A historian’s nightmare

Since I fear the long-term outcome of the Six Day War victory, and the poison pill of occupation, I do not celebrate Jerusalem Day

Jerusalem Day521 (photo credit: NATI SHOHAT / FLASH 90)
Jerusalem Day521
(photo credit: NATI SHOHAT / FLASH 90)
For a number of years I have refused to celebrate Jerusalem Day, which falls on Iyar 28, or May 8 this year. Yes, although I lived in New York at the time, I am old enough to remember the fears that gripped us in the weeks preceding the Six Day War, the thrill of the news that enemy air forces had been destroyed on the ground, the capture of the Old City of Jerusalem, and the declaration that the Temple Mount was in “our” hands.
Nevertheless, as the consequences of the 1967 war became clearer, I began to view Jerusalem Day as the opening act of a national tragedy. For many years, I was reluctant to publish the piece below; it seemed far too extreme. The composition of the new coalition government, whose representatives in key places are committed to generous funding of Jewish settlements in the West Bank, has changed my mind.
I fear what will come to pass sometime in the future: Israel – a pariah state – about which no one really cares what happens to its Jewish citizens, since they have lost all moral claim to life; an Israel where, if military resources are depleted, there will be no air bridge of resupply, as there was in 1973; a country in which its best youth evade army service, because they refuse to oppress another people for no reason, except to serve communities of settlers who employ every trick possible – legal, political and military – to take other peoples’ land; countless resources wasted on settlements, while the center of the country decays; all this capped by a systematic attempt to suppress dissent, with anyone who dares criticize current government policy labeled a selfhating Jew and a traitor.
When that awful day comes, Israel of the Zionist dream will be fruit ripe for plucking by its enemies. Exactly how will the defeat come? That I do not know. I am a historian, not a prophet.
What gives me nightmares is the way history might be rewritten then. We are accustomed to see Jordanian King Hussein’s decision to attack Israel in 1967 as his greatest strategic error.
If only he had not been tempted, if only the Egyptian president Gamal Nasser had not gambled, and Hussein had not been pushed by domestic and international considerations, then Jordan would still be controlling the West Bank and East Jerusalem. How differently things might have been, if only Hussein had restrained himself then! History, however, is in constant dialogue with the present. It is written from the perspective of the present, asking new questions about the past. How will history judge Hussein at that awful moment in the future, if and when the Zionist dream collapses on the consequences of its own folly? What will historians write then? My principal nightmare goes as follows: Arab countries realized that they had little chance to defeat Israel of 1967 militarily.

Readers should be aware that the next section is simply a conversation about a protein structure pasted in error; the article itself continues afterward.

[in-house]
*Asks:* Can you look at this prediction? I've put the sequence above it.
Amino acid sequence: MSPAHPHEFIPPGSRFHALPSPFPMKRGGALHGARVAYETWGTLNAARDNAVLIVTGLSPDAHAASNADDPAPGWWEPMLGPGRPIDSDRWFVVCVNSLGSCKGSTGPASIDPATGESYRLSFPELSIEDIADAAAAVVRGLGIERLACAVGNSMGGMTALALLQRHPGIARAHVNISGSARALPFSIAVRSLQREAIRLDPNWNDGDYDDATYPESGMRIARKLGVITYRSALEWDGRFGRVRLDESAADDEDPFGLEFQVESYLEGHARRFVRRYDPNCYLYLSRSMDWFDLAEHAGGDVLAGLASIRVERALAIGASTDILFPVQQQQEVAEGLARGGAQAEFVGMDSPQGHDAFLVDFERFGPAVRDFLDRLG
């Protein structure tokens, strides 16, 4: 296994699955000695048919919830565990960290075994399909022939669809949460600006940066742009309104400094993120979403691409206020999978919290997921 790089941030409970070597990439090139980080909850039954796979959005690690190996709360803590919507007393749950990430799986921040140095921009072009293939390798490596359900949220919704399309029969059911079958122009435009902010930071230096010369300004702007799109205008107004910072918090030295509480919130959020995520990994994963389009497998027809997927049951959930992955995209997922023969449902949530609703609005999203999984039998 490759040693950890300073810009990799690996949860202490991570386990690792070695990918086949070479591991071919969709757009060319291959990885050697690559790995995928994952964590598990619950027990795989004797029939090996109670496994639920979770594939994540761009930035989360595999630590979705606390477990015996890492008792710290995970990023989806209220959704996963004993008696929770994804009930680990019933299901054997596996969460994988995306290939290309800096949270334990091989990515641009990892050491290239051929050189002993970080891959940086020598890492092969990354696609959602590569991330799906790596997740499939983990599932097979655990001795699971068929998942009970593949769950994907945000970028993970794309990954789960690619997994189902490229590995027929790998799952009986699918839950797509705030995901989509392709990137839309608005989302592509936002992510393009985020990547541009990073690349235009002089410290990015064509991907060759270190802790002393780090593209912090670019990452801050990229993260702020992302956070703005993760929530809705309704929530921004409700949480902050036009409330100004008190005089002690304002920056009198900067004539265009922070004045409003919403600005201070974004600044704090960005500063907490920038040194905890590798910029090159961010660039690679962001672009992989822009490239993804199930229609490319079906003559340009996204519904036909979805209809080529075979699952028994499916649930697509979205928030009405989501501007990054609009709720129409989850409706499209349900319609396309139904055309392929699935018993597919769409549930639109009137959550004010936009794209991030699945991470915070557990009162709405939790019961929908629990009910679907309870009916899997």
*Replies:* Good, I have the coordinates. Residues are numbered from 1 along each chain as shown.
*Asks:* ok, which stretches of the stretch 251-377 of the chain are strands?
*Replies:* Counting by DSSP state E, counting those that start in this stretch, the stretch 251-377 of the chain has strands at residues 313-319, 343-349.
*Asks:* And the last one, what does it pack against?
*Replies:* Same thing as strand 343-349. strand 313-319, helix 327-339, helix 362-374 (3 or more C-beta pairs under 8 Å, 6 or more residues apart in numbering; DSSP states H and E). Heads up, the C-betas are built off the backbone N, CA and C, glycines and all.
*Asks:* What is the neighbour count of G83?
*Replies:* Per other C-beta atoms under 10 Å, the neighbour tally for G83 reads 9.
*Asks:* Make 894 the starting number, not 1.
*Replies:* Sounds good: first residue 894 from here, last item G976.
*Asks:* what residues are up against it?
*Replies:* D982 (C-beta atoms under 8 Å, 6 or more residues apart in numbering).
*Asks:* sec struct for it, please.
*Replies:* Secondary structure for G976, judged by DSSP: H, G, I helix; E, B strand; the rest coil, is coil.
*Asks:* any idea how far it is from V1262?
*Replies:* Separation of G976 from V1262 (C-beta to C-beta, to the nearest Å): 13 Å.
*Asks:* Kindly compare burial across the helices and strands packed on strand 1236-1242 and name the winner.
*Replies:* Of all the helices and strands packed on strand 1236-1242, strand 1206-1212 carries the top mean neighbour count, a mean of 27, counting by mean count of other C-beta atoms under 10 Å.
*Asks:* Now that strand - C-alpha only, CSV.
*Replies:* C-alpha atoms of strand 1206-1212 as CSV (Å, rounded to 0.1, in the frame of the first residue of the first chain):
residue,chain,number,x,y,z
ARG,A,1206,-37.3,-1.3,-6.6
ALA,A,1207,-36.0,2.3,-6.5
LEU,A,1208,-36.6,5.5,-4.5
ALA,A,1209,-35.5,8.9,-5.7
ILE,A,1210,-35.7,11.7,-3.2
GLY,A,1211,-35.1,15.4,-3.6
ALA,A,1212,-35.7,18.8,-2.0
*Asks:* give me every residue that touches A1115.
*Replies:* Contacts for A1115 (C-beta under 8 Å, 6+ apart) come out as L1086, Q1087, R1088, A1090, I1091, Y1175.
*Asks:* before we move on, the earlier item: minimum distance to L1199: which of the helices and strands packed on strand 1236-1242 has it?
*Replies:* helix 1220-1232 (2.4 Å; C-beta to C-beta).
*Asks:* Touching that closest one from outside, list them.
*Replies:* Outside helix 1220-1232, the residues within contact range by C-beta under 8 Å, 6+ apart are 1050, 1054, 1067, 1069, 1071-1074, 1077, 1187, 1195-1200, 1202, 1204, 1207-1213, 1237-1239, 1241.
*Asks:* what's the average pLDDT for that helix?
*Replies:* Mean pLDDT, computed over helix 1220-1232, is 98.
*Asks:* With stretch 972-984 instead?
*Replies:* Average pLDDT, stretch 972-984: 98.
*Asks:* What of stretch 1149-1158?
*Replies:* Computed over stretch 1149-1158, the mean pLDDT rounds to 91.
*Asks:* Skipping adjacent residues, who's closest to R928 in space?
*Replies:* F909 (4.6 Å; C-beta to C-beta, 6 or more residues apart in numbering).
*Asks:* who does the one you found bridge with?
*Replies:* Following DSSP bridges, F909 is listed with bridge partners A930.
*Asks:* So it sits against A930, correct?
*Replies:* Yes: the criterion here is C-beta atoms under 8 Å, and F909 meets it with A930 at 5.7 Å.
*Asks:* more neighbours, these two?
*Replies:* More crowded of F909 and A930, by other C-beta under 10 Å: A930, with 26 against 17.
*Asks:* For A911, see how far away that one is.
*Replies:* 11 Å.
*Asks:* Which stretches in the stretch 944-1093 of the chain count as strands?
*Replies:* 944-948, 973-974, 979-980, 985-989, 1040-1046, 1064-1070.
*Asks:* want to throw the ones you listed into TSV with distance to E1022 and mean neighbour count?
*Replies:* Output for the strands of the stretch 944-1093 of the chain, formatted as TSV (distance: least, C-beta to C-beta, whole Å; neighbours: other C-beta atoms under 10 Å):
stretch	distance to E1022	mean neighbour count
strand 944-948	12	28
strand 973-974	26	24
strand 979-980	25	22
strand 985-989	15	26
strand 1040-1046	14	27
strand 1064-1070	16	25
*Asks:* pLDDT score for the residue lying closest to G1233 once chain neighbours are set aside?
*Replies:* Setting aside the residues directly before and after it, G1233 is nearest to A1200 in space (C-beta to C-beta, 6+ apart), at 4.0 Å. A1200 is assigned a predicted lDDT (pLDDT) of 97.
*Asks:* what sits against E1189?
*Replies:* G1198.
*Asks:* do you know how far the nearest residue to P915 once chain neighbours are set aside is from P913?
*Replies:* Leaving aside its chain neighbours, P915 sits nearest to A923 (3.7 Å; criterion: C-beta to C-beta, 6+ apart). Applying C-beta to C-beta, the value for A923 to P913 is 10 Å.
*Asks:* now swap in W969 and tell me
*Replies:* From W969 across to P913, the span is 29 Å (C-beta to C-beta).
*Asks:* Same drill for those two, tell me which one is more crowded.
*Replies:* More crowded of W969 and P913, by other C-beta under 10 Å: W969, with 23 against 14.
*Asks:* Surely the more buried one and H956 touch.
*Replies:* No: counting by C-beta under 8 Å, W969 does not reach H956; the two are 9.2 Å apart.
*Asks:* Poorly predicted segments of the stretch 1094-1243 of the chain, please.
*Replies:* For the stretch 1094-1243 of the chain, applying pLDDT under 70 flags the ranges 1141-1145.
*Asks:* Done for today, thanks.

That country was strong in spirit and had a clear shared moral purpose. Therefore, a more sophisticated and sinister strategy was required. Start a war, but lose it, lose territory as well, so that Israel will swallow the poison pill of the appetite for conquest, for domination and for expansion.
Rot Israel from within. These tactics did not seem to work at first, but eventually they proved effective. No nation can maintain the spirit that allows it to flourish when it is at the expense of another people. Hussein of 1967, in retrospect, will be declared a strategic genius, the Saladin of the 20th century. He found the key for which others searched in vain.
All this, of course, is rewritten history, with nothing to do with the motives of the actors of the time, but tragically and ironically, perfectly in accord with the consequences I fear and the way they might look at some time in the future. Holidays are meant to commemorate events, so they are inextricably involved with perceptions and memories of the past.
Jerusalem Day is meant to commemorate a victory. Since I fear the longer-term outcome of that victory and the way it may be reinterpreted at some time in the future, I do not celebrate it. 
Albert I. Baumgarten is Professor Emeritus of Jewish History at Bar-Ilan University